- Many organizations won’t be able to accomplish all of the work they had originally set out to do, but they still need funding if we want them to remain committed to their vision, to pivot their programming when necessary, and in some cases, to reinstate pre-pandemic programs when and where possible.
- Many Jewish communal organizations fall under umbrella organizations and larger networks (even local systems like Federations) and are, to varying extents, receiving guidance and support from those organizations. But many of our grantees are entirely independent, and it is for this reason that we so eagerly gave a grant to Upstart, the umbrella organization for the innovation sector, to cover payroll emergencies in organizations like these. This still doesn’t account for everyone, and Natan has tried to fill that gap. We convened our grantees and offered professional development opportunities, such as one-on-one coaching in topics areas that are particularly important right now, like financial planning and online community building.
- Our grantees are reaching new audiences since they have “gone virtual,” and we are beginning conversations with them about ways of sustaining engagement with those people, even when we return to in-person gatherings.
- We always knew this, but it doesn’t hurt to say it again – our grantees are amazing and this crisis has brought out the best in them. They are nimble, creative, and have their ear to the ground for what their audiences and users need.
With all of that, we are thrilled to be announcing Natan’s 2020-2021 grantees.
The Jewish Connections committee is supporting three new organizations that feel especially relevant now: Bamidbar Wilderness Therapy to help address rising mental health issues among young people; Beloved Network, a network of startup communities that are creating new models of Jewish communal life; and Or Halev, a meditation organization to help people connect and manage anxiety through a Jewish lens. This support is being given alongside many renewals.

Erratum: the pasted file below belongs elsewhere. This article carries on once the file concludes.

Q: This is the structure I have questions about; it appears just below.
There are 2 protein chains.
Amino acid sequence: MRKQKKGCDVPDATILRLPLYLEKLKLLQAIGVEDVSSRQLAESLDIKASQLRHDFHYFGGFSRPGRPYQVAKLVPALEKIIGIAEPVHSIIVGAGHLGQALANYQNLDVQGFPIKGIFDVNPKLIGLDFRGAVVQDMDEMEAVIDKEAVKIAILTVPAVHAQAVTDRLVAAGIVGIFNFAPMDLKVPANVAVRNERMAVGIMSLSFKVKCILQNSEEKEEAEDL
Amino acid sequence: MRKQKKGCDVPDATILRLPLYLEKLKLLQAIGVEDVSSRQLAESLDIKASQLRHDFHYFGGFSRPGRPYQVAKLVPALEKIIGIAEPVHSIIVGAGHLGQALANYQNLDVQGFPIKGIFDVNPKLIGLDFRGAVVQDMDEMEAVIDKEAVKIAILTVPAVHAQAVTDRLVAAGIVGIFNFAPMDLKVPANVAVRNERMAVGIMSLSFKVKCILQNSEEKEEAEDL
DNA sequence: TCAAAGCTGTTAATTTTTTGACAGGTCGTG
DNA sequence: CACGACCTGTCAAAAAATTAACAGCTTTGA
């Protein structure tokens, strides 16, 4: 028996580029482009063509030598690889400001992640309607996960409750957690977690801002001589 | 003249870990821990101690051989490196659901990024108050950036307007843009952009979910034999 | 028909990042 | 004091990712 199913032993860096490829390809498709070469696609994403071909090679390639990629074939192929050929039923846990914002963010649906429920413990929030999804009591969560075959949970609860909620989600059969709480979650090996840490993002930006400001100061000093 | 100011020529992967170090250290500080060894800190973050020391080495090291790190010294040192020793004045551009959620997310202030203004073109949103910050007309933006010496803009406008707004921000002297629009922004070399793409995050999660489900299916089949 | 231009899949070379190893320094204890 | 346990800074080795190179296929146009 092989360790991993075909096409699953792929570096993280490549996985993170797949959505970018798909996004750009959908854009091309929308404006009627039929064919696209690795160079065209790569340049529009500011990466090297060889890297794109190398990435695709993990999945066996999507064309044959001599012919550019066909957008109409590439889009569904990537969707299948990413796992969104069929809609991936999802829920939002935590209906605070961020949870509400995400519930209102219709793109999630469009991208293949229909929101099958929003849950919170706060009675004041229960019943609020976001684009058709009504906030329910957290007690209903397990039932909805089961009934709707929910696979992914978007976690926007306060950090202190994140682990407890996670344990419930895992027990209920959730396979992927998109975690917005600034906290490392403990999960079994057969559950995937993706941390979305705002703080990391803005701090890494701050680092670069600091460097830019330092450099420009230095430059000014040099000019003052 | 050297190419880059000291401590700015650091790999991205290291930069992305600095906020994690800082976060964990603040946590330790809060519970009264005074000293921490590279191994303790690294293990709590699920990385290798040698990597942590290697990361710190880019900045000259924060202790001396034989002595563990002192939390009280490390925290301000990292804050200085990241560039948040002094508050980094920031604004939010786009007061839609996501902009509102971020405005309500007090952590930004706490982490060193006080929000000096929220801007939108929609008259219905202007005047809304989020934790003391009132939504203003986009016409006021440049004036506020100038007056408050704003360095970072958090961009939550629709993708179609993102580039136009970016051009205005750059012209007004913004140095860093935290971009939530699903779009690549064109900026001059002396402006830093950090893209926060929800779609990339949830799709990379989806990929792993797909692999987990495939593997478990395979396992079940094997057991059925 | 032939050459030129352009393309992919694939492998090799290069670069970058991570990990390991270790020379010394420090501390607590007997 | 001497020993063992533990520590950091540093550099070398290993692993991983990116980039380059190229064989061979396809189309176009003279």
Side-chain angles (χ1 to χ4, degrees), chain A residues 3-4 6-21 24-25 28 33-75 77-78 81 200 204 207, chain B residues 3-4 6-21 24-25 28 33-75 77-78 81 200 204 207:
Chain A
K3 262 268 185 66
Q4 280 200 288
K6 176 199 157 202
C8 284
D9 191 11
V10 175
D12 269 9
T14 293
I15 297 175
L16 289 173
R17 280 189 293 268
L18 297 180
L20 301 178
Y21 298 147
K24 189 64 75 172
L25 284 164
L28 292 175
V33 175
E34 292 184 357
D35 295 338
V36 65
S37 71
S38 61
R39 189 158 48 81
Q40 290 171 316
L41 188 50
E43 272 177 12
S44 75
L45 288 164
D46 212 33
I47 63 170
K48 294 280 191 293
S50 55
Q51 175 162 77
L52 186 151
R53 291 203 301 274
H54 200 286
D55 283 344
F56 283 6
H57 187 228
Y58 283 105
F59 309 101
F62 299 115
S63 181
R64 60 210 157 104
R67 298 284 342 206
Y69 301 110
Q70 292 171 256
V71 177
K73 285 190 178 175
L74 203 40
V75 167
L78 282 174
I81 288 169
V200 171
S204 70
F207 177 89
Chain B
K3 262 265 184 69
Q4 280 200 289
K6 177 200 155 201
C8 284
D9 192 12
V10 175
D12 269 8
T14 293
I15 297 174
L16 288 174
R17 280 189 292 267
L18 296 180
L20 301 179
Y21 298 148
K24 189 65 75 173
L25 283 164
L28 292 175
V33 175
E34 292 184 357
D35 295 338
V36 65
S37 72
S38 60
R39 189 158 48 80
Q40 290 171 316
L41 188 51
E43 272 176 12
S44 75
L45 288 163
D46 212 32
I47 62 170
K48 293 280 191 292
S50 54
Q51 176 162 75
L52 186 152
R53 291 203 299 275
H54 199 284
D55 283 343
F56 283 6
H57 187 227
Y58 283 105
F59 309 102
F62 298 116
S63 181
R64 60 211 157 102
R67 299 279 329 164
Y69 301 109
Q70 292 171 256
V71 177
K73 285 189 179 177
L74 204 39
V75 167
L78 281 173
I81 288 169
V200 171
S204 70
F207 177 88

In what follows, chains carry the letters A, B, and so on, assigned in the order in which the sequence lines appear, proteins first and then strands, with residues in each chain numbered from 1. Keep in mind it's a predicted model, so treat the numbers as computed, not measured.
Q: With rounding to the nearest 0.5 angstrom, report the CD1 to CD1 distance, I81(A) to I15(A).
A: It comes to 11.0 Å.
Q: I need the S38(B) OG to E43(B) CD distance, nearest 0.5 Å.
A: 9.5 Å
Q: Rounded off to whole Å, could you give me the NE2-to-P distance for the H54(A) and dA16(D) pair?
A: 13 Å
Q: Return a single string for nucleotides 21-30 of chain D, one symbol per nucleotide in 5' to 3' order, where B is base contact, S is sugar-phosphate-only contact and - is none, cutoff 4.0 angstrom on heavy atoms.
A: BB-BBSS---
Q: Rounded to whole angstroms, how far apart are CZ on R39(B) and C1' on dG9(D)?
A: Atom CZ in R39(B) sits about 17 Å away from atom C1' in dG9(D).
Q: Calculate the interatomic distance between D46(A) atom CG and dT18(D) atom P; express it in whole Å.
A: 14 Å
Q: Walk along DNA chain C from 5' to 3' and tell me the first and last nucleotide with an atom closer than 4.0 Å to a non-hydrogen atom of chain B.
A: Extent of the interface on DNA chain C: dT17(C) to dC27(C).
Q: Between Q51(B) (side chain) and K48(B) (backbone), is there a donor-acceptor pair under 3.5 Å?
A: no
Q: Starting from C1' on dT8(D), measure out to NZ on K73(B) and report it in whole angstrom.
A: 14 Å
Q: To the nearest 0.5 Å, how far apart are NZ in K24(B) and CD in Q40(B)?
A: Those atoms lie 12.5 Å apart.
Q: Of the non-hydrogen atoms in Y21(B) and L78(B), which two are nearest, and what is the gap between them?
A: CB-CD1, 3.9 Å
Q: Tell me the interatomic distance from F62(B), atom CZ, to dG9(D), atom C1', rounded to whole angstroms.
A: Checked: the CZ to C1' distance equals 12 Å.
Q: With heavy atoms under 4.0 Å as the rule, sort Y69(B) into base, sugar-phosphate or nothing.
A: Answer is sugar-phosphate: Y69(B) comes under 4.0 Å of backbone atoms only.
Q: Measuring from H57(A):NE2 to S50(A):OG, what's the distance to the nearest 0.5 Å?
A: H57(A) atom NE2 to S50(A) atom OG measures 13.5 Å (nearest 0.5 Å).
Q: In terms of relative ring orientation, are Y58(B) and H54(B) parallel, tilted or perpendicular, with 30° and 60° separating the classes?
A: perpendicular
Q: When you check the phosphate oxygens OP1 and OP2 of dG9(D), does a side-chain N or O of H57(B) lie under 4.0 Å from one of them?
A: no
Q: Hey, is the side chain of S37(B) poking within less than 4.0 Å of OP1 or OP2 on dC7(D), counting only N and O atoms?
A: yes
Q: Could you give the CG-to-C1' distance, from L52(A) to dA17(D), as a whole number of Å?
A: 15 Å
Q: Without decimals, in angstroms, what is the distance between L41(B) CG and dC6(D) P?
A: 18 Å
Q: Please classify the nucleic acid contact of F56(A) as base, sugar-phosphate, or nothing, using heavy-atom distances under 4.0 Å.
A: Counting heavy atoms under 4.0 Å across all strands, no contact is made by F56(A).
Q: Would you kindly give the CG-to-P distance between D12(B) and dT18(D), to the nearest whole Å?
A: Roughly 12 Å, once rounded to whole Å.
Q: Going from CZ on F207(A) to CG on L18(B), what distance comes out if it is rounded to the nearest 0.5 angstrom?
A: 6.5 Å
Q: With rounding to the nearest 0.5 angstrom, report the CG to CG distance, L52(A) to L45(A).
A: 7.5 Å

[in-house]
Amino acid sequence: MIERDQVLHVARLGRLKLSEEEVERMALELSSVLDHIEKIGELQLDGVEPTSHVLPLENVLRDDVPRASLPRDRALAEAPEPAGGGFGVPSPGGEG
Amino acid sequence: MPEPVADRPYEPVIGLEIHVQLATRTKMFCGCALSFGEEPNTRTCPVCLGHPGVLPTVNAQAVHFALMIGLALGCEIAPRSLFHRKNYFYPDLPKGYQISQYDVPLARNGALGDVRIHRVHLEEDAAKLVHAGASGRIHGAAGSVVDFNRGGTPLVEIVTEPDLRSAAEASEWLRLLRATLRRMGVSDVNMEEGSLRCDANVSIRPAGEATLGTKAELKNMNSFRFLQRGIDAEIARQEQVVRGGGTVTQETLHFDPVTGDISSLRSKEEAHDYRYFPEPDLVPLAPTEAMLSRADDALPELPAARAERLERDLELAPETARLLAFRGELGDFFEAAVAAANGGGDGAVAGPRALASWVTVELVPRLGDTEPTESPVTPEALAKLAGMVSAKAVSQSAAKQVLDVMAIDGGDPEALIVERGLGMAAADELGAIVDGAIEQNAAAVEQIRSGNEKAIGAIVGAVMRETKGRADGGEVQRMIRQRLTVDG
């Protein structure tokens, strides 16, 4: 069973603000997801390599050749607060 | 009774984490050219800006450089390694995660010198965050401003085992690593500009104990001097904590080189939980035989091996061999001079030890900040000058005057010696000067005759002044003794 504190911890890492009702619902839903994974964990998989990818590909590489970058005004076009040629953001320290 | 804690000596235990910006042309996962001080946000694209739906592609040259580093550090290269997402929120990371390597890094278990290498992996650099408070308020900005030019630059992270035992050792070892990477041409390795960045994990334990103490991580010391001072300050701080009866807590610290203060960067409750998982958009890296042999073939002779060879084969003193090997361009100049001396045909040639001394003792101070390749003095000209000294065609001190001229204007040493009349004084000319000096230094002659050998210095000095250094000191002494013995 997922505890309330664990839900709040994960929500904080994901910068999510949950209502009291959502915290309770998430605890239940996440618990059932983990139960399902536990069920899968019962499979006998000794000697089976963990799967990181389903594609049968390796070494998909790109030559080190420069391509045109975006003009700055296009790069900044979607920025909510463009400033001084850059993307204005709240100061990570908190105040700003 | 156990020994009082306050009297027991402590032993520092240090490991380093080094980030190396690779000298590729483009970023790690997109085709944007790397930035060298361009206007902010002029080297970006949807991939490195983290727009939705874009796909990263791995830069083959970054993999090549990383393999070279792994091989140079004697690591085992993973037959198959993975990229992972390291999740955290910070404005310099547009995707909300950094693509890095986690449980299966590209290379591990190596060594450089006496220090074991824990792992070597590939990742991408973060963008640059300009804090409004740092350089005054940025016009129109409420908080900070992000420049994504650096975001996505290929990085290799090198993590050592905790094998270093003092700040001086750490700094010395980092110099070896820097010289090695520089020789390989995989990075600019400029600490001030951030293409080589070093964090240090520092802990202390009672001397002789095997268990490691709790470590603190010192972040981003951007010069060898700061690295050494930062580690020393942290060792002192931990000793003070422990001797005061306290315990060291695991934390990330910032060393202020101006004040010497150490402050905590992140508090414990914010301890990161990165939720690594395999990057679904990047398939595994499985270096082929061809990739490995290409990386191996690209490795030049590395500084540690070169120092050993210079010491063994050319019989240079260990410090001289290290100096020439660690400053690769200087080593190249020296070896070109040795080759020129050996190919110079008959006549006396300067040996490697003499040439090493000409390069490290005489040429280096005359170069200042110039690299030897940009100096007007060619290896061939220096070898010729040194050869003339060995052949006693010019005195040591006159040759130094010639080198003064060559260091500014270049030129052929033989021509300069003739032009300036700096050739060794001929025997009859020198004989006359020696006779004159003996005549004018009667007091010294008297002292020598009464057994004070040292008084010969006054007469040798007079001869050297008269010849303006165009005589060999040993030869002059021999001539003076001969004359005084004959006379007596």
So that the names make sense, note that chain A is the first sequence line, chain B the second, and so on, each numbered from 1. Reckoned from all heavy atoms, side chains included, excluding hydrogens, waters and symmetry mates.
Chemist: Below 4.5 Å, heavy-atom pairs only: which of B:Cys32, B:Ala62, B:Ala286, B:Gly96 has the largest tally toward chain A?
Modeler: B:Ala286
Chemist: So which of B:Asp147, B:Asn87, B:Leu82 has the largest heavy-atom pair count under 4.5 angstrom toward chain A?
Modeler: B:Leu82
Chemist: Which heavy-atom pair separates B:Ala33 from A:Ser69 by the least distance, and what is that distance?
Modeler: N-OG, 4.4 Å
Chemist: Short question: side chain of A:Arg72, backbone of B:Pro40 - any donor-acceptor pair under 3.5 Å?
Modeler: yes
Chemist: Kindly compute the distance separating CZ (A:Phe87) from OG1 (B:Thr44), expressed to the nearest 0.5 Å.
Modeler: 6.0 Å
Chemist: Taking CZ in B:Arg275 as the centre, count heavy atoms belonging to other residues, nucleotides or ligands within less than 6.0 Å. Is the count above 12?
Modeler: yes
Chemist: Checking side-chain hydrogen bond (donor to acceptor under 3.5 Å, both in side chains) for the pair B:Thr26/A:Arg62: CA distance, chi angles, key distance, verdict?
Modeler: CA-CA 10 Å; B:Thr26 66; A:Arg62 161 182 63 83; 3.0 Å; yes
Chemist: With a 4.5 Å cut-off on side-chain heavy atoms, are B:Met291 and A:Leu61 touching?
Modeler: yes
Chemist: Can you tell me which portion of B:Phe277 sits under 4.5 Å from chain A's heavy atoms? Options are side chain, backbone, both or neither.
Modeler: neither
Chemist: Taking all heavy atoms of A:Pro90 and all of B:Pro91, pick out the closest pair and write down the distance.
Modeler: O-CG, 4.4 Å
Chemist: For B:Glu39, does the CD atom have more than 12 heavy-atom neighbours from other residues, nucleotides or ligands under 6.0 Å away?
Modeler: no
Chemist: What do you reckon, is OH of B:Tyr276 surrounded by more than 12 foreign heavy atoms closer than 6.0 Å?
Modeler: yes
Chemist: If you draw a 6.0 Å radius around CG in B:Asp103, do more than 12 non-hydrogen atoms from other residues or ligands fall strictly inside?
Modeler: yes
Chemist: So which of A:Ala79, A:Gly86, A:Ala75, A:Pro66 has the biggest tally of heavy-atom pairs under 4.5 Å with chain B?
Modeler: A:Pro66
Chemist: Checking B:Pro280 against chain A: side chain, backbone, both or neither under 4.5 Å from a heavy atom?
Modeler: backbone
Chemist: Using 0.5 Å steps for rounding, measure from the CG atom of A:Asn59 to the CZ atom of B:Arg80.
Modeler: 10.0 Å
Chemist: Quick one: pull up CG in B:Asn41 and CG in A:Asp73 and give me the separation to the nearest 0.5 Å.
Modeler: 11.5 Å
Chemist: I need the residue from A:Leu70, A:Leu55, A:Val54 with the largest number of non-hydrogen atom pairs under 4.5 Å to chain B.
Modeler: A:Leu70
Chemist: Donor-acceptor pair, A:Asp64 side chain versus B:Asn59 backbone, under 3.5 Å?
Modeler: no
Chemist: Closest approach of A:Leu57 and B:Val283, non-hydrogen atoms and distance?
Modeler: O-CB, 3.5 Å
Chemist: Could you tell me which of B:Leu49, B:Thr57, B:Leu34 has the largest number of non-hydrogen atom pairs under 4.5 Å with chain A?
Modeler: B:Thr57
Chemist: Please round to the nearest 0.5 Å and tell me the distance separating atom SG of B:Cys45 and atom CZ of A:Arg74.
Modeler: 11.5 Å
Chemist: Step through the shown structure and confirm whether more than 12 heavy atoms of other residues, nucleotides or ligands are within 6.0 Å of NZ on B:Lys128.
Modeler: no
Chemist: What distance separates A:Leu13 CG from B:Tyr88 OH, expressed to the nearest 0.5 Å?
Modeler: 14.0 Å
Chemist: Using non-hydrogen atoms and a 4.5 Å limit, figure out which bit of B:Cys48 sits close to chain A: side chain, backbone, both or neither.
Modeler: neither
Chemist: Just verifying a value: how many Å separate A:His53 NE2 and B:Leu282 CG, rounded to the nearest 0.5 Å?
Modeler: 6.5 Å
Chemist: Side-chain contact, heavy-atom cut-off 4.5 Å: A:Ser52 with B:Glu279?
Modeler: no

In the Confronting Antisemitism committee, we brought four new organizations into the portfolio that are engaging new and diverse audiences: Abrahamic House, an interfaith house inspired by the Moishe House model; Council of American Jewish Museums, the umbrella organization of Jewish museums in North America, for a program for local Jewish museums to more effectively discuss the complexity of contemporary antisemitism; Institute for Curriculum Services, which develops trainings and curricula to help teachers educate accurately about Judaism and Israel and advocates for changes to textbooks that inaccurately represent Judaism and Israel; and Presbyterians for Mid East Peace, a grassroots, volunteer-led organization of Presbyterian clergy who are fighting antisemitism and BDS within their movements and building a model for other MainLine Protestants. This support is being given alongside many renewals.
Natan’s Jerusalem grant committee is thrilled to be renewing many of our existing grantees that are working to build a vibrant and healthy society in Jerusalem. These grantees include many organizations, like Jerusalem Intercultural Center, Kulna and MiniActive, that are confronting challenging realities in East Jerusalem that have only been heightened by unemployment rates due to COVID-19. Other organizations, like 15 Minutes and Jerusalem Institute for Policy Research, are serving as key conduits to government officials and policy makers as Jerusalem navigates this crisis.
This pandemic has introduced some new needs and challenges into the world, while also revealing more starkly many problems that already existed. I am proud to say that Natan has been addressing some of our community’s most pressing needs by supporting innovative approaches to meeting those needs – a philanthropic approach that has borne much fruit in the past and is now more needed than ever. We will do everything in our power to help our grantees survive this unsettling time, both because they continue to do necessary and incredible work, and because, together, they have immeasurably strengthened and diversified the Jewish communal landscape and provided enriching, engaging ways to connect to Jewish life and to Israel for countless people. In a time that seems short on positive stories, our grantees give us inspiration that Jewish communities and Israel will not only survive these trying times, but will continue to respond to emerging needs and realities with courage, creativity, and resilience.
Adina Poupko is Associate Director at The Natan Fund.